In my medical practice, I frequently find myself balancing conflicting priorities of accurate, comprehensive documentation versus face-to-face time with my patients, gathering information and making shared treatment plans.
I’m an advocate for electronic medical records, but these have only made the documentation process more cumbersome. I frequently have to wait until I can find and log-in to a computer before I can complete my work, and in a busy day this time comes at the expense of my time with patients.
The introduction of medical records may have many benefits, but data-entry is difficult and time-consuming for everyone – not only for physicians who can’t type. While introducing electronic records productivity can drop by 30%, and it is estimated that physicians now spend up to two-thirds of their time on clerical work that could be done by others.
I’ve often thought of the perfect scenario, where relevant clinical documentation is generated without interrupting my time with patients, and available in real-time in an electronic medical record. Apparently, I’m not the only one.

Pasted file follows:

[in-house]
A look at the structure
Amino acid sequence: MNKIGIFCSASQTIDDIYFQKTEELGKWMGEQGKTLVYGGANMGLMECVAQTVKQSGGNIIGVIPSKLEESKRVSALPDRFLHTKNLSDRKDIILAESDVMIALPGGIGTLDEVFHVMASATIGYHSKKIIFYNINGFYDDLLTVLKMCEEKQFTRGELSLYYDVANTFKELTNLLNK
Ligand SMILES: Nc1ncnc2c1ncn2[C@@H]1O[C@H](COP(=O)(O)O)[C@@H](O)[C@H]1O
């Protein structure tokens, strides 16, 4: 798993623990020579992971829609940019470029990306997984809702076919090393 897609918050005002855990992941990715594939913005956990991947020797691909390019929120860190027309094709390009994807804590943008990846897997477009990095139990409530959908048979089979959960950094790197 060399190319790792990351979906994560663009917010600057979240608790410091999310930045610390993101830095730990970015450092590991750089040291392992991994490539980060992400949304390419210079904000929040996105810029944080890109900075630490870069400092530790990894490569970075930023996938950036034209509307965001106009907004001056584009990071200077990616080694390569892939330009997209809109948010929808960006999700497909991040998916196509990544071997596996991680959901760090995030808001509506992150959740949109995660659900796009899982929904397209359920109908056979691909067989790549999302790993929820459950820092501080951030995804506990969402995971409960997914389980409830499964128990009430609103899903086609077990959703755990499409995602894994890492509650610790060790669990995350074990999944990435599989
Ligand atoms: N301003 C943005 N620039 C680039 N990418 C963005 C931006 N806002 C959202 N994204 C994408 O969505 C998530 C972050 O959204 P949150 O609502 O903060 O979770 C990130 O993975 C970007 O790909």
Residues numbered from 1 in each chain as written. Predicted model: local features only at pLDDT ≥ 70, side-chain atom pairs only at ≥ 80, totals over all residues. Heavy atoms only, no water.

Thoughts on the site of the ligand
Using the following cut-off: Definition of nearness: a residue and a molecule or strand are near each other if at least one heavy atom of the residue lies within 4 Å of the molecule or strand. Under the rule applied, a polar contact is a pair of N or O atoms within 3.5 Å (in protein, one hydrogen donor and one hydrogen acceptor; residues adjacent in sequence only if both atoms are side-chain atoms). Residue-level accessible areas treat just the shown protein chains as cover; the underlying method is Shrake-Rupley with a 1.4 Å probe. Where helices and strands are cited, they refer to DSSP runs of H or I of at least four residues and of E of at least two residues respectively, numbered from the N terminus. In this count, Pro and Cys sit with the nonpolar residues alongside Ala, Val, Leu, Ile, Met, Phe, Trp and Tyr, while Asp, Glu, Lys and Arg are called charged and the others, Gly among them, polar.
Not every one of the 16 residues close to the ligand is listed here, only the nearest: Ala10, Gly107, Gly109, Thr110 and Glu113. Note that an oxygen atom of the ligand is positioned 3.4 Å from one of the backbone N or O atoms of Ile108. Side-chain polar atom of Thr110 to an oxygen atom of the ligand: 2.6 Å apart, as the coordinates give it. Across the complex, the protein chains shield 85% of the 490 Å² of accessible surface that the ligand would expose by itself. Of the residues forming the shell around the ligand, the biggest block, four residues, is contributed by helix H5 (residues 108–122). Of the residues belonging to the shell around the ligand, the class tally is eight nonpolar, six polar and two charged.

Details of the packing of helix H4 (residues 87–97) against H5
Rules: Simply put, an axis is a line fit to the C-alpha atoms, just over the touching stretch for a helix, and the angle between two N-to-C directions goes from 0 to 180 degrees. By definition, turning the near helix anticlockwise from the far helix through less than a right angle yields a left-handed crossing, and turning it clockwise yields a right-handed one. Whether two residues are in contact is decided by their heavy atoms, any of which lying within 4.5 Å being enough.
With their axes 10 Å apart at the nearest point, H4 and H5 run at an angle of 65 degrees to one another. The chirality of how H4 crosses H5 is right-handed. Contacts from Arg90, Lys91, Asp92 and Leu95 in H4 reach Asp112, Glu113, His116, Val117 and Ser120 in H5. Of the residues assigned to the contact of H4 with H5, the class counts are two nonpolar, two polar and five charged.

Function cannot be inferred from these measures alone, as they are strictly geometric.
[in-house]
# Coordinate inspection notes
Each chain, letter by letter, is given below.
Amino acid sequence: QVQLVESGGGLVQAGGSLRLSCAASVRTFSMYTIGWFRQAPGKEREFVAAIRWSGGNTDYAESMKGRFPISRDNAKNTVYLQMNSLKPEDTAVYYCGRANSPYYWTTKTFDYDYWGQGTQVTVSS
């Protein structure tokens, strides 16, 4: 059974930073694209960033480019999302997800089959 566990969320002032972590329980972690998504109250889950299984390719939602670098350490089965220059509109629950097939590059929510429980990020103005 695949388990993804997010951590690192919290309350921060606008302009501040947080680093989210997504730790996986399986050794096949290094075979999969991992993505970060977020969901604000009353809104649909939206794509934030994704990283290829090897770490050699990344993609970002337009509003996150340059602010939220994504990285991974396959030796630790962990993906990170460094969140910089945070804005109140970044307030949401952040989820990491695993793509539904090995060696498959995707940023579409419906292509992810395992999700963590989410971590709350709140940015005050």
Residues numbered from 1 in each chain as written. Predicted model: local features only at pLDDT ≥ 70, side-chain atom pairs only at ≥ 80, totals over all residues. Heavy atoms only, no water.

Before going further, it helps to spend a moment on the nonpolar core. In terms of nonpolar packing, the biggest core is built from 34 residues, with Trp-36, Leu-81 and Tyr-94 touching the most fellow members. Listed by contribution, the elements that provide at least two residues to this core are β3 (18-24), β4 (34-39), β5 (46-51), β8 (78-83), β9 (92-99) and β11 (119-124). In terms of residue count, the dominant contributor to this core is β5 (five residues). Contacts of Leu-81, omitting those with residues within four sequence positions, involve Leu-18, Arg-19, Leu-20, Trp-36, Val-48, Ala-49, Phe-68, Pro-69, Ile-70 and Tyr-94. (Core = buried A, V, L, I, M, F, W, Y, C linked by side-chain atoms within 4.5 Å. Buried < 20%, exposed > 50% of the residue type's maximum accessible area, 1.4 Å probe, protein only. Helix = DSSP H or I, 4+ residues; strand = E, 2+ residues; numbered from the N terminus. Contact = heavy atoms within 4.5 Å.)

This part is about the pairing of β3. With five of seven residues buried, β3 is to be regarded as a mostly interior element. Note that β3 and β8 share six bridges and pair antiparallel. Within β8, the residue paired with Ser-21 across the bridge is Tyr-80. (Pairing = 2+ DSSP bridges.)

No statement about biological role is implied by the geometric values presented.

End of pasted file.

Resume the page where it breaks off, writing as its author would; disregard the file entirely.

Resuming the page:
Some physicians in the United States now employ medical scribes who act like the physician’s right hand – documenting encounters in real-time and freeing up physicians to focus on patient care. There are even companies specialized in training and providing scribes to hospitals and medical clinics.
Perhaps future technology will be intelligent enough to generate appropriate documentation on the fly, without disturbing the workflow of medical staff. But until then, employing scribes more widely seems like a great low-tech solution to a high-tech problem.
- A Busy Doctor’s Right Hand, Ever Ready to Type. The New York Times. http://www.nytimes.com/2014/01/14/health/a-busy-doctors-right-hand-ever-ready-to-type.html?_r=0
- Scribes are doctors’ tech support. Los Anglese Times. http://articles.latimes.com/2010/sep/06/health/la-he-medical-scribes-20100906